Agenda Introduction to ProQuest Ebook history and industry issues Case study 1: Safari Tech Books Online Case study 2: Literature Online Case study 3: ProQuest MyiLibrary Medical Future Directions ProQuest Information & Learning Helps people find, get, & use information
Why read on screen?
COUNTER usage stats
What’s the internet?
1990 1995 2000 2005
What’s a CD-ROM?
What pricing model?
ABI linking to Safari Business Books Online
Early English Books Online
Safari Tech Books Online
1990 1995 2000 2005
English Poetry Full-Text Database
Approx 20+ literature collections
We are currently having problems with ensuring that new books in certain subject areas, especially computer languages/programming are available for the students.
We are currently having problems with ensuring that new books in certain subject areas, especially computer languages/programing are available for the students in that major. The problems that we are running into is that as soon as a new computer book is placed on the shelf a patron either hides it (i.e.: behind other books, in a study corral, etc.) or steals it (this is an increasing problem). Another big problem is that a small group of students will check a new book out and renew it between themselves such that no one else is able to use the book for 1-2 years, by which time it is outdated and the next edition has been purchased and the cycle begins again. Issuing holds and recalls does not work very efficiently, as the majority of students who have checked out new books either ignore the recalls or line up friends ahead of time to place holds and check the book out in their name while the same student actually keeps the book. With the computer books, the students are often using them as textbooks. An obvious solution would be to buy multiple copies. However, with budget cuts, the expense of computer books, and the quickness with which the subject becomes outdated, this is not a feasible option for us. ILL is not a feasible option either, especially in this area, as many academic libraries (us included) do not lend new computer books out to other libraries.
We would like to know if other academic libraries are having a similar problem, what are you doing (if anything) to try to alleviate the problem, the pros/cons, student reaction, and how effectively is it working.
One solution that we are especially interested in getting feedback on is if anyone has created and is currently using a "closed stack" collection. By this I mean that the books would be kept behind the Circulation Desk similar to Reserves or a Periodicals "Thieves" Collection (current issues of popular journals that disappear when left in the regular periodicals collection). Access would be restricted to our students/faculty. When an item from the "closed stack" is wanted the Circulation staff would retrieve it and check it out to the patron. We are also considering placing a maximum checkout limit and/or reducing the checkout period based on subject area/new material criteria in our problem areas.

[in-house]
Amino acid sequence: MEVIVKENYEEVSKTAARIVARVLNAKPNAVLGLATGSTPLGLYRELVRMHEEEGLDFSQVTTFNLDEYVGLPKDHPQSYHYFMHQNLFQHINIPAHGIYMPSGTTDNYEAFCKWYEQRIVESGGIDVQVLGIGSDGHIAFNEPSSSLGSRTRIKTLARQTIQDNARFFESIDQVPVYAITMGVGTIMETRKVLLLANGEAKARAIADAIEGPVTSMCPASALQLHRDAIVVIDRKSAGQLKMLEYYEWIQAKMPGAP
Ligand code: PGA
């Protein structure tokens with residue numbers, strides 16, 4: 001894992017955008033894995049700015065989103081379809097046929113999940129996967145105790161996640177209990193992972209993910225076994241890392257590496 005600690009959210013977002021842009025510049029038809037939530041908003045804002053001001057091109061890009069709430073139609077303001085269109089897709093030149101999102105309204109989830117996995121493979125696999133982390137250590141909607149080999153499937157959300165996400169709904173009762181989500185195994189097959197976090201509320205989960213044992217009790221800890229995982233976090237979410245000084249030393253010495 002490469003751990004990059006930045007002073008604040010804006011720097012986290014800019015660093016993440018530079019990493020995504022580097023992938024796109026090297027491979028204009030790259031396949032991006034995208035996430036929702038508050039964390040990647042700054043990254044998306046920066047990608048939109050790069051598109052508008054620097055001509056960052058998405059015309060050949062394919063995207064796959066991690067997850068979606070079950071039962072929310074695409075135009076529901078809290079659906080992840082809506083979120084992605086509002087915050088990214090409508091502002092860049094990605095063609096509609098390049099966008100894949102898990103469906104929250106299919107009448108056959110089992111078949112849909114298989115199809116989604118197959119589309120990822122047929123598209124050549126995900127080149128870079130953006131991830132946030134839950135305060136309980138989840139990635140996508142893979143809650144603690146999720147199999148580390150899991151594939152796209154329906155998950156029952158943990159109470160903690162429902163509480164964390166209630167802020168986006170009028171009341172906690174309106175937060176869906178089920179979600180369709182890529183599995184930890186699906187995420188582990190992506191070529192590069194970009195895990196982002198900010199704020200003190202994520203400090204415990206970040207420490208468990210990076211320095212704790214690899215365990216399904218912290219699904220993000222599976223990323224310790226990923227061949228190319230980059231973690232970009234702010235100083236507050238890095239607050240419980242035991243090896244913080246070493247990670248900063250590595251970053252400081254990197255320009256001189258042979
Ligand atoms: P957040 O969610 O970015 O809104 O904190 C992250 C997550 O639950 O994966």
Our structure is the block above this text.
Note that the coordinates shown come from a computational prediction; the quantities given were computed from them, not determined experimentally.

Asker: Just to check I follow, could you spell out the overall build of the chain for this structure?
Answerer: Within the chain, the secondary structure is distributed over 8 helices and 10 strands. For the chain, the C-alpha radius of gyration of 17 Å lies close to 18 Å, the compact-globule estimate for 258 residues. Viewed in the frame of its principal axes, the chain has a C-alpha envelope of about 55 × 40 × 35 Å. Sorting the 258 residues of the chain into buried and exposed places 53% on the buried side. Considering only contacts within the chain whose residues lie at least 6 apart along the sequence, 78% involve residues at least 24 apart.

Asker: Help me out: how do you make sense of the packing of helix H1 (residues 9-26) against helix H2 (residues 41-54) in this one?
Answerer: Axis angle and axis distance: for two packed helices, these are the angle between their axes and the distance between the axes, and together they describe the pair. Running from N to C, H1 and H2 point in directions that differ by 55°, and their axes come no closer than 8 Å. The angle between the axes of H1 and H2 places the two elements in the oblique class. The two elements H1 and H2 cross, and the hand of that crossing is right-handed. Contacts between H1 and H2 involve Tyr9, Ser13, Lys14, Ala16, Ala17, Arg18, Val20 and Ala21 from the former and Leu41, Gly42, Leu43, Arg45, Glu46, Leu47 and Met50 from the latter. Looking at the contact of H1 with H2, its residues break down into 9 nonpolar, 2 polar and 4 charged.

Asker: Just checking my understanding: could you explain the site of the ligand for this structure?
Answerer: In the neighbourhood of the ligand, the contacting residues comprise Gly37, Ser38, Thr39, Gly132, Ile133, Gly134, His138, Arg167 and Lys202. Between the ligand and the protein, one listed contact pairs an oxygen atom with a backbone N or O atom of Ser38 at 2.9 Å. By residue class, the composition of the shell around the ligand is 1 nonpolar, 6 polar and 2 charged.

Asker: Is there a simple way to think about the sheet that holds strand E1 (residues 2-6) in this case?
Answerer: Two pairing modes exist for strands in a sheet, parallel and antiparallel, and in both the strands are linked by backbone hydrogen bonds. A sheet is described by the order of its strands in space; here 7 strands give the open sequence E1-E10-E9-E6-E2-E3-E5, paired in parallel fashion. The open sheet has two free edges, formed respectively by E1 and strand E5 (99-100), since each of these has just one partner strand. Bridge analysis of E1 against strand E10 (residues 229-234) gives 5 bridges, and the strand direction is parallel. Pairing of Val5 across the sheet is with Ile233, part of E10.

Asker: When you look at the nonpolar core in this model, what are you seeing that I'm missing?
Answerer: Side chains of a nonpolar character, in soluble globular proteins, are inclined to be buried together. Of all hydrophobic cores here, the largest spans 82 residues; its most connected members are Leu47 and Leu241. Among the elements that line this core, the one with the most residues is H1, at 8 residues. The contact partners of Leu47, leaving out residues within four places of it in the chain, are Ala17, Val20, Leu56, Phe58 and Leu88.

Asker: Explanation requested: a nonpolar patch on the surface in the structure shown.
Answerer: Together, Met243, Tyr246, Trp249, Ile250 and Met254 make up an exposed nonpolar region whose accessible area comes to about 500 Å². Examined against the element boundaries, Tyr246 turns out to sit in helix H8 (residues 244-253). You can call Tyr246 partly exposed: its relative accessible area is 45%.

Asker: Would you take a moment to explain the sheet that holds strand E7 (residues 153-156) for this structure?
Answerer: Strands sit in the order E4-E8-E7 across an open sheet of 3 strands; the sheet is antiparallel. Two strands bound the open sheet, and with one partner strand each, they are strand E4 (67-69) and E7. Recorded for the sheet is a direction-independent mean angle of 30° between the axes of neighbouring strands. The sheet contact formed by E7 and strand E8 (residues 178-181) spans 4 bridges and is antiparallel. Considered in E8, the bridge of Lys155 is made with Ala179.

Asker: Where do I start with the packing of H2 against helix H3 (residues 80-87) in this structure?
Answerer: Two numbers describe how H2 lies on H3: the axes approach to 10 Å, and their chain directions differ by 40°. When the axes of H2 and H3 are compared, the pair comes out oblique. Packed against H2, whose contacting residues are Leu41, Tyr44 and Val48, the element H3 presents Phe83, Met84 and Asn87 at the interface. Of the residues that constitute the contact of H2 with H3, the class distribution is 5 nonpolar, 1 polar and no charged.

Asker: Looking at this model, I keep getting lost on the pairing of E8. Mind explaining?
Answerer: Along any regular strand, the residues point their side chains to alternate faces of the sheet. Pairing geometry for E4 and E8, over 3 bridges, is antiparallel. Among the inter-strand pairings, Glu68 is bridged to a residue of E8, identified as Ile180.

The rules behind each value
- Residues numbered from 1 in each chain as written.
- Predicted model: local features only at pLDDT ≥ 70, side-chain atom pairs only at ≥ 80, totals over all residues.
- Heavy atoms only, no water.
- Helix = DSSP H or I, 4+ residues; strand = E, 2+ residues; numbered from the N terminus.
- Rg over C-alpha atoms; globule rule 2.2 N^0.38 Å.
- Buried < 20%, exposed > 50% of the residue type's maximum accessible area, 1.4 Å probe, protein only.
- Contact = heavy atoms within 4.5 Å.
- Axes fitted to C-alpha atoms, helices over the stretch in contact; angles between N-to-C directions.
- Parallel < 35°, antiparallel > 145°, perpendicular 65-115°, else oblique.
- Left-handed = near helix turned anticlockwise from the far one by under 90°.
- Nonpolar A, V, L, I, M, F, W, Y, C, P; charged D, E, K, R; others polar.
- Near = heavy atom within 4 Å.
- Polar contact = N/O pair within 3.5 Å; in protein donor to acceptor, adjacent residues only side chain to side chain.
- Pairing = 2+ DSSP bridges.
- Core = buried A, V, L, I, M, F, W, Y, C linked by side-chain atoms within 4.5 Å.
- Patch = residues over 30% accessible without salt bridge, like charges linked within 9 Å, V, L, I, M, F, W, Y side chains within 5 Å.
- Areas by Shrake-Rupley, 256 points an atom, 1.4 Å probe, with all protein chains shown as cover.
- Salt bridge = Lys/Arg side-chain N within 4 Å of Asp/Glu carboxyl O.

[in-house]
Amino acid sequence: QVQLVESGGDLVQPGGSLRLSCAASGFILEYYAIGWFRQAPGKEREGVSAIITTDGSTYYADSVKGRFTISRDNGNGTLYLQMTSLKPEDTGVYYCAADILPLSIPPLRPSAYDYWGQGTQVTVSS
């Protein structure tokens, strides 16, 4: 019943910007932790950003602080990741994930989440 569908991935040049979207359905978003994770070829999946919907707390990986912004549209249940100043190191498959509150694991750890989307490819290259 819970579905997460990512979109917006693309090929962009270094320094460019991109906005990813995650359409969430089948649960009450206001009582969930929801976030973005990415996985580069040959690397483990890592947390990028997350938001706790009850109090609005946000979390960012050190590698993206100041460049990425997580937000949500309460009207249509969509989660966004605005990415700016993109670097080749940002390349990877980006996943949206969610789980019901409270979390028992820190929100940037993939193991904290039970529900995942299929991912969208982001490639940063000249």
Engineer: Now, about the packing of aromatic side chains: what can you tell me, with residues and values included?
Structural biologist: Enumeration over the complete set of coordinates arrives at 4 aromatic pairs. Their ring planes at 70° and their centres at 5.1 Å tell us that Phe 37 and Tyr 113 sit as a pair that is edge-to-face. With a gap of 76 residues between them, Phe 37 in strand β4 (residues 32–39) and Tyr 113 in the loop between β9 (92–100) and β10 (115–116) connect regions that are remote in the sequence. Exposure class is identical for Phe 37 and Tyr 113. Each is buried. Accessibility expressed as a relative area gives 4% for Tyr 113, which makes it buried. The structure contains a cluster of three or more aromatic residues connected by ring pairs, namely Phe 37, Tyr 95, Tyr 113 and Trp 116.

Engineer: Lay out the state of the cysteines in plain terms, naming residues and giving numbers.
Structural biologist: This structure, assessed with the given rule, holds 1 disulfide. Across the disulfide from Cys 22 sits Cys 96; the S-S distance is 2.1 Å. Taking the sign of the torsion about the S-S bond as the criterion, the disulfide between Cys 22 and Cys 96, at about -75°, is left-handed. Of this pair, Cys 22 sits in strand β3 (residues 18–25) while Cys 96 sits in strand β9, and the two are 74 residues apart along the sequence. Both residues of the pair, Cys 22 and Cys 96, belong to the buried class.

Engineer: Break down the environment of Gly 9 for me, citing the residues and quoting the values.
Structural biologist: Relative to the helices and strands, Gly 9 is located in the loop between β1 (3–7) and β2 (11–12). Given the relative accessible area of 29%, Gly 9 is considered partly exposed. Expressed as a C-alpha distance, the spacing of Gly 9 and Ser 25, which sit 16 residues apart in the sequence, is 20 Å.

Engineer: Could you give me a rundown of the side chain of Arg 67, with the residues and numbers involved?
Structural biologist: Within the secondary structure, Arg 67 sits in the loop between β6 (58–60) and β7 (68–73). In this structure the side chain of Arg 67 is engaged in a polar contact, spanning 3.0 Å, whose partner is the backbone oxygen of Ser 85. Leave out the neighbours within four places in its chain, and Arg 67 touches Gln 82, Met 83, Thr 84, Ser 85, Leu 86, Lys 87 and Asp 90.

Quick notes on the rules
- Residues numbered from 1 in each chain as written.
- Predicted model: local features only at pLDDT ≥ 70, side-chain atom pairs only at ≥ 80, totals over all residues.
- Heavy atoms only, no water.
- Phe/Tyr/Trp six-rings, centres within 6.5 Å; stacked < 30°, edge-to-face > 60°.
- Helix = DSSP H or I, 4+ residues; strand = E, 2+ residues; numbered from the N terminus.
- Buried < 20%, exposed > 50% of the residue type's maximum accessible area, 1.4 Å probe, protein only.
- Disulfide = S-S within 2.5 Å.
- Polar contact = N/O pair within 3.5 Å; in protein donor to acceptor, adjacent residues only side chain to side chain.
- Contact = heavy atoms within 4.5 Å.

Access Services Librarian
Fitchburg State College
...a patron either hides it (i.e.: behind other books, in a study corral, etc.)
...steals it (this is an increasing problem)
...a small group of students will check a new book out and renew it between themselves such that no one else is able to use the book for 1-2 years, by which time it is outdated
An obvious solution would be to buy multiple copies.
...with budget cuts, the expense of computer books, and the quickness with which the subject becomes outdated, this is not a feasible option for us.
I know it’s in here somewhere!
O’Reilly Media: respected publisher on “cutting edge” technology topics
“Safari reflects my long-term vision to change the world by capturing and disseminating the knowledge of innovators. We're not just about computers or computer books. We're really about solving information problems.”
- Tim O’Reilly
Pearson Technology Group – the market leader in technology publishing
Other top business and technology publishers
Safari Tech Books Collection
Comprehensive coverage of IT topic areas
New Content Extends the Value of Premier eBook collections
Instant access to Rare English Books from 1473-1700
“EEBO page images reveal
Things that are concealed by
Digitised texts, and even the
Best modern editions”
Anthony Miller, University of Sydney
“Teaching will be transformed” Clive Hurst, University of Oxford
Library Solution Case Study 3:ProQuest MyiLibrary Medical: integration of content types
Browse content by Publisher or Library of Congress Classification
Refine your search
Click on a book cover for further information
Results appear in context
Results display in pdf or html
Fully browse-able TOC available from every page
All tables and illustrations are hyperlinked and available in colour
MyiLibrary Medical ebooks are easily accessible from the ProQuest interface; type your search term as usual
Results are integrated with other content types on the “all sources” results tab or separately on the “books” tab
To access the ebook title, click on the title or the “link to full text” icon
Note ProQuest searches book metadata (bibliographic indexing, MeSH terms etc, not book full text. You can search within a title from the the MyiL interface.
“After selecting a group of potential suppliers, the Core Content Group carefully evaluated the offerings from all the e-book platforms available and concluded that the MyiLibrary platform represented the best choice, offering value for money, excellent content, flexible licensing, reliability and ease of use".
NHS England on why they selected MyiLibrary to provide medical ebooks.